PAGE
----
Mandiant's 'most prevalent threat actor' may be living under your roof – the teenager
Plus they are cliquey as all hell
RSA Conference While some spend sleepless nights worrying about the big four nation-state cyber threats, you shouldn't underestimate the ones possibly living under your roof: teenagers.
"One of the most prevalent threat actors in the United States today that is…really hard to defend against: it's the teenagers," said Charles Carmakal, CTO of Google Cloud's Mandiant Consulting, at a threat intelligence panel at the outskirts of RSA Conference in San Francisco. "There's a number of [teenage] groups that we're actively tracking."
We've seen very young individuals break into some of the biggest organizations by leveraging these techniques
Specifically: teens and early 20-somethings, who live in the US and the UK, who typically speak English as their first language, Carmakal said.
These teens "are incredibly effective social engineers, and they are able to convince people to do things that they ask them to do, like visit certain malicious websites and type in their username and password, or log into any desktop comm and download the AnyDesk client and provision access to somebody," he added. "We've seen very young individuals break into some of the biggest organizations by leveraging these techniques that are so hard to defend against."
Of course, Lapsus$ immediately comes to mind. This is the possibly extinct extortion gang led by teenagers who went on a cybercrime spree last year before the arrest of its alleged ringleaders. Before that, however, the gang stole data from Nvidia, Samsung, Microsoft, Okta, and others.
Carmakal pointed to the Twilio breach, which was later linked to the Okta intrusion. In addition to disclosing the company had been hit by a social-engineering scam, the comms giant also shared some of the real text messages that their employees received, he noted.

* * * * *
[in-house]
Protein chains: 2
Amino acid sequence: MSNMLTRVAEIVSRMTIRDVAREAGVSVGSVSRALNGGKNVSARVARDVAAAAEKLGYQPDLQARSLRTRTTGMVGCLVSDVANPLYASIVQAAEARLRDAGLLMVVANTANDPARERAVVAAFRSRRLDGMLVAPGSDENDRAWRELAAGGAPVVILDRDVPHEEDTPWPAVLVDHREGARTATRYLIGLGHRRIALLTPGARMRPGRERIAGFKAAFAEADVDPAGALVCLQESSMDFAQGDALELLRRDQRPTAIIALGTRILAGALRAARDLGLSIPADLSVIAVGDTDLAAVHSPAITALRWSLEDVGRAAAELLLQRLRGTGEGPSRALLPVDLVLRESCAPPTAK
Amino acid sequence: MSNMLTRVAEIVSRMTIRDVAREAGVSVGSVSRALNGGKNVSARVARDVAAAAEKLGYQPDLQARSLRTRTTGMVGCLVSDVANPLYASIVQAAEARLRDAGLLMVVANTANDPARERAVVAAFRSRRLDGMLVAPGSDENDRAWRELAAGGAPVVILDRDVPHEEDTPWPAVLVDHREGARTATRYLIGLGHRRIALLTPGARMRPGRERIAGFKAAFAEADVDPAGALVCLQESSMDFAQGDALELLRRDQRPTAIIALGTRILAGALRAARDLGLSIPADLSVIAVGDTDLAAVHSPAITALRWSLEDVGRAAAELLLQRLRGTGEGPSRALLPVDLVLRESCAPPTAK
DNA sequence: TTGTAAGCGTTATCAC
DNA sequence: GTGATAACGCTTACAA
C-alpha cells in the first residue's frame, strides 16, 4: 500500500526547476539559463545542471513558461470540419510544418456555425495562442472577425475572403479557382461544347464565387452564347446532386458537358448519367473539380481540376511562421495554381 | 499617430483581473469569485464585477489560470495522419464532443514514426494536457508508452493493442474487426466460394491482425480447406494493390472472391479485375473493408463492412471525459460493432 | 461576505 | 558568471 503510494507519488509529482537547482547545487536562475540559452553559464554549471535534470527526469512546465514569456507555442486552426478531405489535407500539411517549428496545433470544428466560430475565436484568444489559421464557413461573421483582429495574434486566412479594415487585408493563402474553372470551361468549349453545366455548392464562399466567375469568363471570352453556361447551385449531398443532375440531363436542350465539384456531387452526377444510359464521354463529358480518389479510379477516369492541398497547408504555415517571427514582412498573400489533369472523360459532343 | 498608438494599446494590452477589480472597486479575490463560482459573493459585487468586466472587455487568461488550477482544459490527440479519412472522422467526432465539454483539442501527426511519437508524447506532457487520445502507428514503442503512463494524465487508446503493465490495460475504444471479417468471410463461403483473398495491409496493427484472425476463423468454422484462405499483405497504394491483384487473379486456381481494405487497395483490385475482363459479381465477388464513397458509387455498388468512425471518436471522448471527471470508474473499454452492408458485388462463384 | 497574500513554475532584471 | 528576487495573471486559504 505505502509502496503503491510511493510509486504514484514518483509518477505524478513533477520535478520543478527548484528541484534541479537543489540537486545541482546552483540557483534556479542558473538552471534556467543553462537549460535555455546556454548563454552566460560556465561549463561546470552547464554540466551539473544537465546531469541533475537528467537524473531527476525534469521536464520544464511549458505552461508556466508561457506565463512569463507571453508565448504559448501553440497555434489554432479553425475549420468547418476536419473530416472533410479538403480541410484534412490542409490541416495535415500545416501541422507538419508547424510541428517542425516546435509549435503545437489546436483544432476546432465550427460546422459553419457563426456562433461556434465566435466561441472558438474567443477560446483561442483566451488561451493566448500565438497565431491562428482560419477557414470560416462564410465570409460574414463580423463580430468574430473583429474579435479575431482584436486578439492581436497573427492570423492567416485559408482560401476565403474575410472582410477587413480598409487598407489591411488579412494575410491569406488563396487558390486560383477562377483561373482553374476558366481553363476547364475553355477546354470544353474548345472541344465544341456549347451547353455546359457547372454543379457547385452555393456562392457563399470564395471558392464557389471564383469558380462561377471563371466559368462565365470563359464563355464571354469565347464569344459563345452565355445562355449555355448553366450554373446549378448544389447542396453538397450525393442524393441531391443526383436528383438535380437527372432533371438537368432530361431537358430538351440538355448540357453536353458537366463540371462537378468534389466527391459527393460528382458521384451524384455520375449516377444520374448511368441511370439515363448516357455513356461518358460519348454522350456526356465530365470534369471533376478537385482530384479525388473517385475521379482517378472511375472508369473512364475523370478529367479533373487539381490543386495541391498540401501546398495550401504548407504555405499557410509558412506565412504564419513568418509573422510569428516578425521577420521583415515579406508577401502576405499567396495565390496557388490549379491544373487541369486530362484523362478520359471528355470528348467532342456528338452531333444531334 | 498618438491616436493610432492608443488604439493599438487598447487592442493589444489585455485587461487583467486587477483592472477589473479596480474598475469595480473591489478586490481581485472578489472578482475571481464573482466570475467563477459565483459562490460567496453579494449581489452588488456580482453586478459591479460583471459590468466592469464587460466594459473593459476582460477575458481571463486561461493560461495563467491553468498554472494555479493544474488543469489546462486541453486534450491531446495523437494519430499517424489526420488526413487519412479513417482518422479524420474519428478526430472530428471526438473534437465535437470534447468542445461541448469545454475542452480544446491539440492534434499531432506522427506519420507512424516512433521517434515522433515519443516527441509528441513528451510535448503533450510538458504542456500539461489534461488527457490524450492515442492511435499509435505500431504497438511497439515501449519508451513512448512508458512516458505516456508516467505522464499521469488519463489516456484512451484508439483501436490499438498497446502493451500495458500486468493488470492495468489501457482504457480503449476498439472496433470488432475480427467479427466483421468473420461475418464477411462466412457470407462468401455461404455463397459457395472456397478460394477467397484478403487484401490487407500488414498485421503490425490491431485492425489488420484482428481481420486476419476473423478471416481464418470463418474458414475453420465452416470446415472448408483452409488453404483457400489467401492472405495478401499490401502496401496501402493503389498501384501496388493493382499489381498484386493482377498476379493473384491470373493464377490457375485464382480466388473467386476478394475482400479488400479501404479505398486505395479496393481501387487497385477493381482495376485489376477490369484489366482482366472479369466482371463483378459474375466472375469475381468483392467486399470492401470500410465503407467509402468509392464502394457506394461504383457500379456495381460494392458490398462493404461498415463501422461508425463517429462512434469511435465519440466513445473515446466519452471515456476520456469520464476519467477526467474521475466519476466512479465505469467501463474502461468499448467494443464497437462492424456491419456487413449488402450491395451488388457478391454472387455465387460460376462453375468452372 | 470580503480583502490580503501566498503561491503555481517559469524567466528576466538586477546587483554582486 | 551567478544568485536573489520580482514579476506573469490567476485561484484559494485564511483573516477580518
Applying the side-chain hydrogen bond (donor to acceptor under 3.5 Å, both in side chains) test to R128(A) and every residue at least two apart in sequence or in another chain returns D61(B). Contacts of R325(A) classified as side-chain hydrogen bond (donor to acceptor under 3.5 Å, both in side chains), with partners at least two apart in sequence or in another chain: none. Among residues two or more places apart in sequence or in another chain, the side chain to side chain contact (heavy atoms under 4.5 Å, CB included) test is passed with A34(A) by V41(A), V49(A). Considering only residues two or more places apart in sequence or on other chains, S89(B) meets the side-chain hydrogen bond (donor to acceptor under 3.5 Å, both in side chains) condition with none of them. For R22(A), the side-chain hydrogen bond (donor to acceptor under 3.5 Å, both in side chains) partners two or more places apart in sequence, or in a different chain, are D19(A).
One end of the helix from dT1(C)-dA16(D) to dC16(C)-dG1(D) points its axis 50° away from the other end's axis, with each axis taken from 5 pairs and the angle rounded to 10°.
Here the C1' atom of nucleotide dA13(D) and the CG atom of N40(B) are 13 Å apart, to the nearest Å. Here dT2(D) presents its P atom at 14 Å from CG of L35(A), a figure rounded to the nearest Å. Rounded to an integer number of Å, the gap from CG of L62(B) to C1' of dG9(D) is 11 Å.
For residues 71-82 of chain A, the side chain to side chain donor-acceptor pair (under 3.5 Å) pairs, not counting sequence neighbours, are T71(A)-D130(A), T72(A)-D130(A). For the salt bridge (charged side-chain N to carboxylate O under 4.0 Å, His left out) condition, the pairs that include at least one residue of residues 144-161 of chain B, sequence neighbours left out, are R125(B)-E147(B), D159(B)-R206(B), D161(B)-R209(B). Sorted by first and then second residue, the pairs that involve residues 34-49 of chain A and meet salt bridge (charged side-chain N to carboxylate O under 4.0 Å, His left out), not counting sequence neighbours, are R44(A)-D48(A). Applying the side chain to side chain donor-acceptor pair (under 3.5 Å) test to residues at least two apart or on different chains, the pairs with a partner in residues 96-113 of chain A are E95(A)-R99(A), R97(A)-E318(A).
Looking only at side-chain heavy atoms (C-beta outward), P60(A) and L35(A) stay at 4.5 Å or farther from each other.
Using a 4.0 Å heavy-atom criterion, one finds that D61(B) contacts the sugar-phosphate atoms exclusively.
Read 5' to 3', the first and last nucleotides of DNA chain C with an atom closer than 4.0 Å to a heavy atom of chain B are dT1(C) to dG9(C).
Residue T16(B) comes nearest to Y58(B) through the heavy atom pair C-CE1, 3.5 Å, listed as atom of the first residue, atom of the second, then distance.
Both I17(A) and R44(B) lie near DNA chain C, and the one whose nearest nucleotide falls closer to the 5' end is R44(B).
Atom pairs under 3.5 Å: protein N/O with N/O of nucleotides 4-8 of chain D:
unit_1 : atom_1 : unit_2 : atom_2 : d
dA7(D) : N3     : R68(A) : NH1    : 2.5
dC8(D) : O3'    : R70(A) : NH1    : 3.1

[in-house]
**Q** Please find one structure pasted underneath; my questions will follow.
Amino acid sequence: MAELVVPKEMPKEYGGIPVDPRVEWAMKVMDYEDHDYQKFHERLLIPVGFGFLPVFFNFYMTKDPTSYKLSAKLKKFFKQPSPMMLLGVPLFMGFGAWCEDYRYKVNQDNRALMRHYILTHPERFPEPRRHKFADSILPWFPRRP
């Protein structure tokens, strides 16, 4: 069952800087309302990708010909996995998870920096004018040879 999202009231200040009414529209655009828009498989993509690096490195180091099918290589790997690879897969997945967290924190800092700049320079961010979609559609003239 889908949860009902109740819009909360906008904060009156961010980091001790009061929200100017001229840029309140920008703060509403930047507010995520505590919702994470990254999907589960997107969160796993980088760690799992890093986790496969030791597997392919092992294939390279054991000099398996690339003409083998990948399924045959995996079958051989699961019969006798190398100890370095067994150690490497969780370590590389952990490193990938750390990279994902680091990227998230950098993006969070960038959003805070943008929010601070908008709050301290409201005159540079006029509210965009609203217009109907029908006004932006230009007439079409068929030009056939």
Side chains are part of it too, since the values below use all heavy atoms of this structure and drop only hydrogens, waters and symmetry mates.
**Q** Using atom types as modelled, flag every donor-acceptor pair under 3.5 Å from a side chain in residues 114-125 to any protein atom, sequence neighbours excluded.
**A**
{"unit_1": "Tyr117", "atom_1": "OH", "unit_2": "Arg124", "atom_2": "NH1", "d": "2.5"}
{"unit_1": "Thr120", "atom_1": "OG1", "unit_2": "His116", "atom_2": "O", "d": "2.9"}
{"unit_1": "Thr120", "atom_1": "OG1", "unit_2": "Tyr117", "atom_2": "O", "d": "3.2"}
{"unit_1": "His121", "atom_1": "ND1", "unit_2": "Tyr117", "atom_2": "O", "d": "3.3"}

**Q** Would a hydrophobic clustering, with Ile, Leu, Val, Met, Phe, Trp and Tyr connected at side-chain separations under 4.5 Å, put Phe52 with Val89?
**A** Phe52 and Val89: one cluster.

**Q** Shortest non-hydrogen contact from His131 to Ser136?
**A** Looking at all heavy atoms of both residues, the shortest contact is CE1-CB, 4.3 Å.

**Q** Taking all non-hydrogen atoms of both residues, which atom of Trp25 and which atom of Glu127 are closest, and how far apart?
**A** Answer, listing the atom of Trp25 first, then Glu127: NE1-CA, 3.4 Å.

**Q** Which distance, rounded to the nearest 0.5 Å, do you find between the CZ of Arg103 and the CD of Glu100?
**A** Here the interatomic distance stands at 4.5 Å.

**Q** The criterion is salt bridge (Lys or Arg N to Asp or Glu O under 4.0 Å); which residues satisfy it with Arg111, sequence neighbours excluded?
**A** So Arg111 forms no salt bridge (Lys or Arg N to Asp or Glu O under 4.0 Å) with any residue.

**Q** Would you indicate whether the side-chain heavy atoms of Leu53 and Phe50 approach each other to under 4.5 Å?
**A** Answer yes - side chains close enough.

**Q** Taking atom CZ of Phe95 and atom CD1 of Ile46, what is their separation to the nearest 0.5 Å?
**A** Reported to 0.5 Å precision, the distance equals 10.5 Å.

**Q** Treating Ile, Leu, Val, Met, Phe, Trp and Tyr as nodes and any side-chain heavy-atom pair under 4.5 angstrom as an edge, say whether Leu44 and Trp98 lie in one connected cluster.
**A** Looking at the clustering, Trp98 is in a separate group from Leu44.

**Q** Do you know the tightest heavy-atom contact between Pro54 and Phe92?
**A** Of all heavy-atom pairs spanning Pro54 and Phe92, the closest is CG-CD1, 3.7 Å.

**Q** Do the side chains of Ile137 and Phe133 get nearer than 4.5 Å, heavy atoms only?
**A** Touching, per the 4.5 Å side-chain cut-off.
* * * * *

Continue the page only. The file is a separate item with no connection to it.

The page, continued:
These young miscreants also tried (and failed) — to hit Cloudflare, and cast a much wider net in their phishing expedition, targeting as many as 135 organizations — primarily IT, software development and cloud services providers based in the US — in a campaign now dubbed Oktapus.
"This is happening, very successfully, at dozens of other organizations, maybe hundreds of other organizations," Carmakal said. "Basically you have threat actors that are sending text messages to people's either work or personal cell phone numbers, and they are crafting these very convincing messages."
Typically these types of phishing attacks target people who work in tech support or call centers. And they are especially effective because the network traffic isn't monitored by the company and its security provider.
"It's all traversing through this cellular network, so enterprises aren't even able to monitor this," Carmakal said.
- Medusa ransomware crew brags about spreading Bing, Cortana source code
- Twilio, Cloudflare just two of 135 orgs targeted by Oktapus phishing campaign
- An earlier supply chain attack led to the 3CX supply chain attack, Mandiant says
- How fiends abuse an out-of-date Microsoft Windows driver to infect victims
Another way teenage hackers are pulling off these heists is by calling organizations' staffers and convincing them that they are help-desk employees by spoofing the caller ID to look like the real help-desk phone number.
"The thing that's very scary about these operators is that when they conduct their extortion, they are doing it in a way that is very different than how most ransomware and multi-faceted extortion operators do it," Carmakal said. "They are making it very personal."
This includes harassing companies' employees and their family members, he added. "If you think about the dynamic in extorting an organization, it's one thing to pay a threat actor to get a decryptor to get your systems running again. It's a very different story if you're an executive at the company and your daughter is being harassed by a threat actor. Your desire to pay, or your willingness to pay shoots up tenfold."
Carmakal said one Mandiant Consulting client that is currently being extorted by cybercriminals received flowers from the extortionist. "It was a very, very intimidating thing." ®